In our coalition and team work, we can get caught up doing things that need to be done without considering whether we need to be the one doing them or not. We may have a meeting or a project with a long list of tasks and a short list of people to do them. Although we CAN do many of these, are they really the things we need to be doing? Or are we adding more stress and overwhelm by trying to do it all? One of the ways to regain rhythm again is to focus on the kinds of things that we both enjoy doing and are good at doing. When we prioritize this type of work, we are focused on greatest passions and strengths and everyone wins! Join me this week for three steps you can take toward prioritizing activities that you both enjoy and are good at doing!
Make a list.
Take time to look at your calendar, your to-do list or other ways you track your activities and consider how you are spending your time. One of the ideas that I learned from Free to Focus by Michael Hyatt is to make a list of everything you are doing and then assign them into categories. The category that is both what you really enjoy and are good at is considered the “Desire ZoneTM”. You may want to use a journal or an online document where you can start your list and then add to it as you think of new things or as you are doing things that fit with this work. As you consider your time and your list, I encourage you to incorporate both work and non-work items on the list. Sometimes we may feel like we just “have” to do all the stuff at home even though it is not what we enjoy or are good at doing. Once we see it all, we may have new ideas that can support us in every area of life!
Consider your time.
One of the benefits of making a list of everything is that you can see what kinds of things you are doing (and perhaps not doing) in one place. Once you have this list, and you take time to pause, you can reflect on the types of tasks that take your time and whether or not those are the types of things you both enjoy and are good at doing. If most of your time is spent on things that drain your energy, then you will gain clarity on why you are often weary and feeling overwhelmed. Conversely, if you are spending most of your time in areas that bring you energy and you are feeling accomplished and excited about your work, then you are likely living in a good rhythm. This can also apply to your home and non-work areas as well. If your non-work time always feels like work because you are spending a ton of energy on areas that you do not enjoy and are not good at doing, consider re-thinking some of the tasks and who else may be able to support you in those areas.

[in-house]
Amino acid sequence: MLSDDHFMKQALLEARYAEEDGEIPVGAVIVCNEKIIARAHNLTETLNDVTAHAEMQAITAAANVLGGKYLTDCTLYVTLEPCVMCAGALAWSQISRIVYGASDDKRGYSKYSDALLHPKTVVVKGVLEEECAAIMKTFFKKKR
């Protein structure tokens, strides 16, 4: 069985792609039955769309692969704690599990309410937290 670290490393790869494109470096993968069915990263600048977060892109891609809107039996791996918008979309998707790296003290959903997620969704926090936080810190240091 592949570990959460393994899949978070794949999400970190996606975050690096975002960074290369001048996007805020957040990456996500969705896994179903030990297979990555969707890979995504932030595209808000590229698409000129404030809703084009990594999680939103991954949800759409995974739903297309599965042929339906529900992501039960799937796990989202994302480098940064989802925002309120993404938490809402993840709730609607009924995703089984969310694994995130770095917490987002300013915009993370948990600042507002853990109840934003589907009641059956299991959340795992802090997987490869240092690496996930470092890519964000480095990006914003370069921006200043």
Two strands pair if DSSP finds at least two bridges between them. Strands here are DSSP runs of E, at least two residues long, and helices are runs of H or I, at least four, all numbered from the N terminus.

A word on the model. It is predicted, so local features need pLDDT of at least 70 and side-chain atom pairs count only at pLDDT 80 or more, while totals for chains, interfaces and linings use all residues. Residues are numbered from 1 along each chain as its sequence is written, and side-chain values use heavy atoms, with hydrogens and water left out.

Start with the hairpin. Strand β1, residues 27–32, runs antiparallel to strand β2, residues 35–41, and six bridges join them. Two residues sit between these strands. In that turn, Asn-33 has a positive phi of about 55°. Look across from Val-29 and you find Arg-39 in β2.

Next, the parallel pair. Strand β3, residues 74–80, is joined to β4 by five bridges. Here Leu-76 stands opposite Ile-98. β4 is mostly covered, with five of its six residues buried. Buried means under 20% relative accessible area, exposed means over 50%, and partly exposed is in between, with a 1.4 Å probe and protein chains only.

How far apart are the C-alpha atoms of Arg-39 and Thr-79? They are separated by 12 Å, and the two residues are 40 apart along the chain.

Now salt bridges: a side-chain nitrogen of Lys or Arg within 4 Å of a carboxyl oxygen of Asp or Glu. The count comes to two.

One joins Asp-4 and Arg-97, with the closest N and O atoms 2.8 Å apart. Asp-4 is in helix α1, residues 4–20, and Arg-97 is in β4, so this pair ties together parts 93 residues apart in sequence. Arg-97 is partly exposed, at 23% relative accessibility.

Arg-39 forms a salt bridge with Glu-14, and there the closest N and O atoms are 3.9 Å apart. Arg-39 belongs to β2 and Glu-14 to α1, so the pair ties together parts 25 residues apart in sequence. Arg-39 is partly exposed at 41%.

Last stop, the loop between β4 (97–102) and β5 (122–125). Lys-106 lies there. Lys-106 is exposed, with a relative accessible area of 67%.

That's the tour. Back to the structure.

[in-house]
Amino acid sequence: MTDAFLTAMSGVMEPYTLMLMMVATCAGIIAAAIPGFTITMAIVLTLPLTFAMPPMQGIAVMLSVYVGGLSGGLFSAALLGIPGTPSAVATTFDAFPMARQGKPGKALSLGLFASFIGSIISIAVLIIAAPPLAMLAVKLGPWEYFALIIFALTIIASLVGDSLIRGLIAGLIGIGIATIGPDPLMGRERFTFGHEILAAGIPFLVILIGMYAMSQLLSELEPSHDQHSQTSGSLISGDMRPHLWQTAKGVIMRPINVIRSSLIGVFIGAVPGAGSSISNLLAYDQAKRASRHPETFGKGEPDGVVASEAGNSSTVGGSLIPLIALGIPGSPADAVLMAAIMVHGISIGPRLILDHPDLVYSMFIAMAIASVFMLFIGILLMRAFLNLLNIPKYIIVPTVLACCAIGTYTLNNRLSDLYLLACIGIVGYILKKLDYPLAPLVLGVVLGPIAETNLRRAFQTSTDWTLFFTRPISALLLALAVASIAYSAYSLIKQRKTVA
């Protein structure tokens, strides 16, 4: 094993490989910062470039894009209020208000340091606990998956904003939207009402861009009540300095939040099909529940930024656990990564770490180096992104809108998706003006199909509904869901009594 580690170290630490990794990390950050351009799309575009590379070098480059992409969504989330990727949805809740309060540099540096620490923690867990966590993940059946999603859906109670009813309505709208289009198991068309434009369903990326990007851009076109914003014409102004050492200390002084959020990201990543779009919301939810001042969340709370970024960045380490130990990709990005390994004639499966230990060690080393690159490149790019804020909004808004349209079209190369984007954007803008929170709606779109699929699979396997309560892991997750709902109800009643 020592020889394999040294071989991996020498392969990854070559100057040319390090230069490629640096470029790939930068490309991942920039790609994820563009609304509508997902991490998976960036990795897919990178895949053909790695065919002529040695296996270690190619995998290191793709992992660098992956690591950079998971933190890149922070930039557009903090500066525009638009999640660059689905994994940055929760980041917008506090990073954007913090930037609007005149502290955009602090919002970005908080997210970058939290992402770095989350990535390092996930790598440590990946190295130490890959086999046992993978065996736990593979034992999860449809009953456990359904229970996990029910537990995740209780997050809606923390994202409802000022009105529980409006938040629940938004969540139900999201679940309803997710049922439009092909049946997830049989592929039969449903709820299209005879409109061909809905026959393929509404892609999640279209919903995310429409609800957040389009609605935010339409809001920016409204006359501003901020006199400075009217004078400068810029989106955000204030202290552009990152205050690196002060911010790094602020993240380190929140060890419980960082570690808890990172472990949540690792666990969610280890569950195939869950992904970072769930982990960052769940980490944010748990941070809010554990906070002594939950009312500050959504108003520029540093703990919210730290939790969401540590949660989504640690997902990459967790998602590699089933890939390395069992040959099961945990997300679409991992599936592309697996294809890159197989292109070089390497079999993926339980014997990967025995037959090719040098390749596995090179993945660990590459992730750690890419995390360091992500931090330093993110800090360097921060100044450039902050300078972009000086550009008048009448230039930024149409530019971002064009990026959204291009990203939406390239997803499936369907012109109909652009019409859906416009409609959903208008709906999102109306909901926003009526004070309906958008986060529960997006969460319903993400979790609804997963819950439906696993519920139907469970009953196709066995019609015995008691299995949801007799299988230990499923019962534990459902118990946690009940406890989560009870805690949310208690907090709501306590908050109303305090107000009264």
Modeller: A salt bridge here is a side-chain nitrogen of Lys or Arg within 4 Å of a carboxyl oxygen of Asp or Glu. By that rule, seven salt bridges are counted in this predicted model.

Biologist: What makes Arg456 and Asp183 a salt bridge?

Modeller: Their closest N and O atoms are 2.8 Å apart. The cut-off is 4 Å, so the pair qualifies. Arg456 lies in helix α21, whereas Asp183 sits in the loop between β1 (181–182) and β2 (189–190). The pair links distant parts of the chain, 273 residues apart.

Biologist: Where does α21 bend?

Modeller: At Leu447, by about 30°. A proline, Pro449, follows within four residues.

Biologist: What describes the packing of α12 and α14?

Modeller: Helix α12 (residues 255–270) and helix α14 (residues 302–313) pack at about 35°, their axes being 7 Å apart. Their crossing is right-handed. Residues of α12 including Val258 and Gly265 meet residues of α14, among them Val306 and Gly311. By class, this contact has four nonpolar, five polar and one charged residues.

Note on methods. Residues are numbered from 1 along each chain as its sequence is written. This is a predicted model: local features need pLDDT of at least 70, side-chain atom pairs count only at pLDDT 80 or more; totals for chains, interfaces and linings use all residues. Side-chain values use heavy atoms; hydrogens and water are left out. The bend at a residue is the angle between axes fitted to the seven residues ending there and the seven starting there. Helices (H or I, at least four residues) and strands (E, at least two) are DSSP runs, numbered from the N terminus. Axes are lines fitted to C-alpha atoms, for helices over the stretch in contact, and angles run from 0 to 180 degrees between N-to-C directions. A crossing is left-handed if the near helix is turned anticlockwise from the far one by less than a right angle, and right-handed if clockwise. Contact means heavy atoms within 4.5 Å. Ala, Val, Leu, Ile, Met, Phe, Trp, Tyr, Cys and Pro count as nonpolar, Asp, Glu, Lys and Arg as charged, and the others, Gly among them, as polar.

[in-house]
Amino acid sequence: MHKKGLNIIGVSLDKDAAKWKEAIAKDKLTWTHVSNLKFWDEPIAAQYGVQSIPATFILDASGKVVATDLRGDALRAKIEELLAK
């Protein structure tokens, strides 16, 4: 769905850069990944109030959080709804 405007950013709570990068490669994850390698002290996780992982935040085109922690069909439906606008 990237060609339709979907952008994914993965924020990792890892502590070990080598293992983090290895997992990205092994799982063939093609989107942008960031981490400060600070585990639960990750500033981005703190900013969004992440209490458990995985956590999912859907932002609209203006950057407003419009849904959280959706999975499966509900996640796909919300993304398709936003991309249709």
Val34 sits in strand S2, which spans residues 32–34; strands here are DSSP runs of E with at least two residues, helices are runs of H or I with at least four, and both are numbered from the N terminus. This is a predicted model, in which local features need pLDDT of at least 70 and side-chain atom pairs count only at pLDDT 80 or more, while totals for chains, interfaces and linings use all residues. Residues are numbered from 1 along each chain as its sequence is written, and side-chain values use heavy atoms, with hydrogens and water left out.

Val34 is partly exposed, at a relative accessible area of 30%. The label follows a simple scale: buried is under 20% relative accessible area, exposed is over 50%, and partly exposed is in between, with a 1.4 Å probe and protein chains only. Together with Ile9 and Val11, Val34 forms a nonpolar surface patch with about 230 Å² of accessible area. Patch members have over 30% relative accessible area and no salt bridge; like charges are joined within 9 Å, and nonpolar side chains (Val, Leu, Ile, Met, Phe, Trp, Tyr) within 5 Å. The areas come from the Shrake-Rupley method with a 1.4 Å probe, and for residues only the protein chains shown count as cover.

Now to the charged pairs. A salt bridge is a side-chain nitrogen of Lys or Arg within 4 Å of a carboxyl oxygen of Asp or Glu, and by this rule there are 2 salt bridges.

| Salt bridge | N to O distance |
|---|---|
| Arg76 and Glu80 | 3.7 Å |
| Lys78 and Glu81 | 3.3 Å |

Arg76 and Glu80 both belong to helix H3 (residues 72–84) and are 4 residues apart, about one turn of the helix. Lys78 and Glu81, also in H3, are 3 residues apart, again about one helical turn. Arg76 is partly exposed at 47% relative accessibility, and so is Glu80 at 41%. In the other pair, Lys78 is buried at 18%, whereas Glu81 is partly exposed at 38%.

Make some changes.
As you have reflected on your time and energy, what needs to be true so that you can spend more time doing the things you enjoy and are good at doing? Do you need to discuss with your team, re-assign tasks, train new people, re-work budgets, identify contractors, empower volunteers or perhaps even discontinue some of the things you have been doing? This may be an opportunity to engage others in supporting your household as well. You may include more of your family members in the daily/weekly tasks or you may want to hire people to come help with some of those areas that are the most draining and keep you from spending time doing what you love with those you love. One of the Business Accelerator podcast episodes this concept to our personal lives.
Once you apply these concepts and make these changes, you will move toward regaining your rhythm and having more energy because you are working on things you are good at and enjoy. Your coalition, board, partnership, council, team, family and friends benefit from you spending time on the things you are best at doing and really enjoy!
If you would like additional practice in this area, check out my free Escape the Overwhelm Checklist!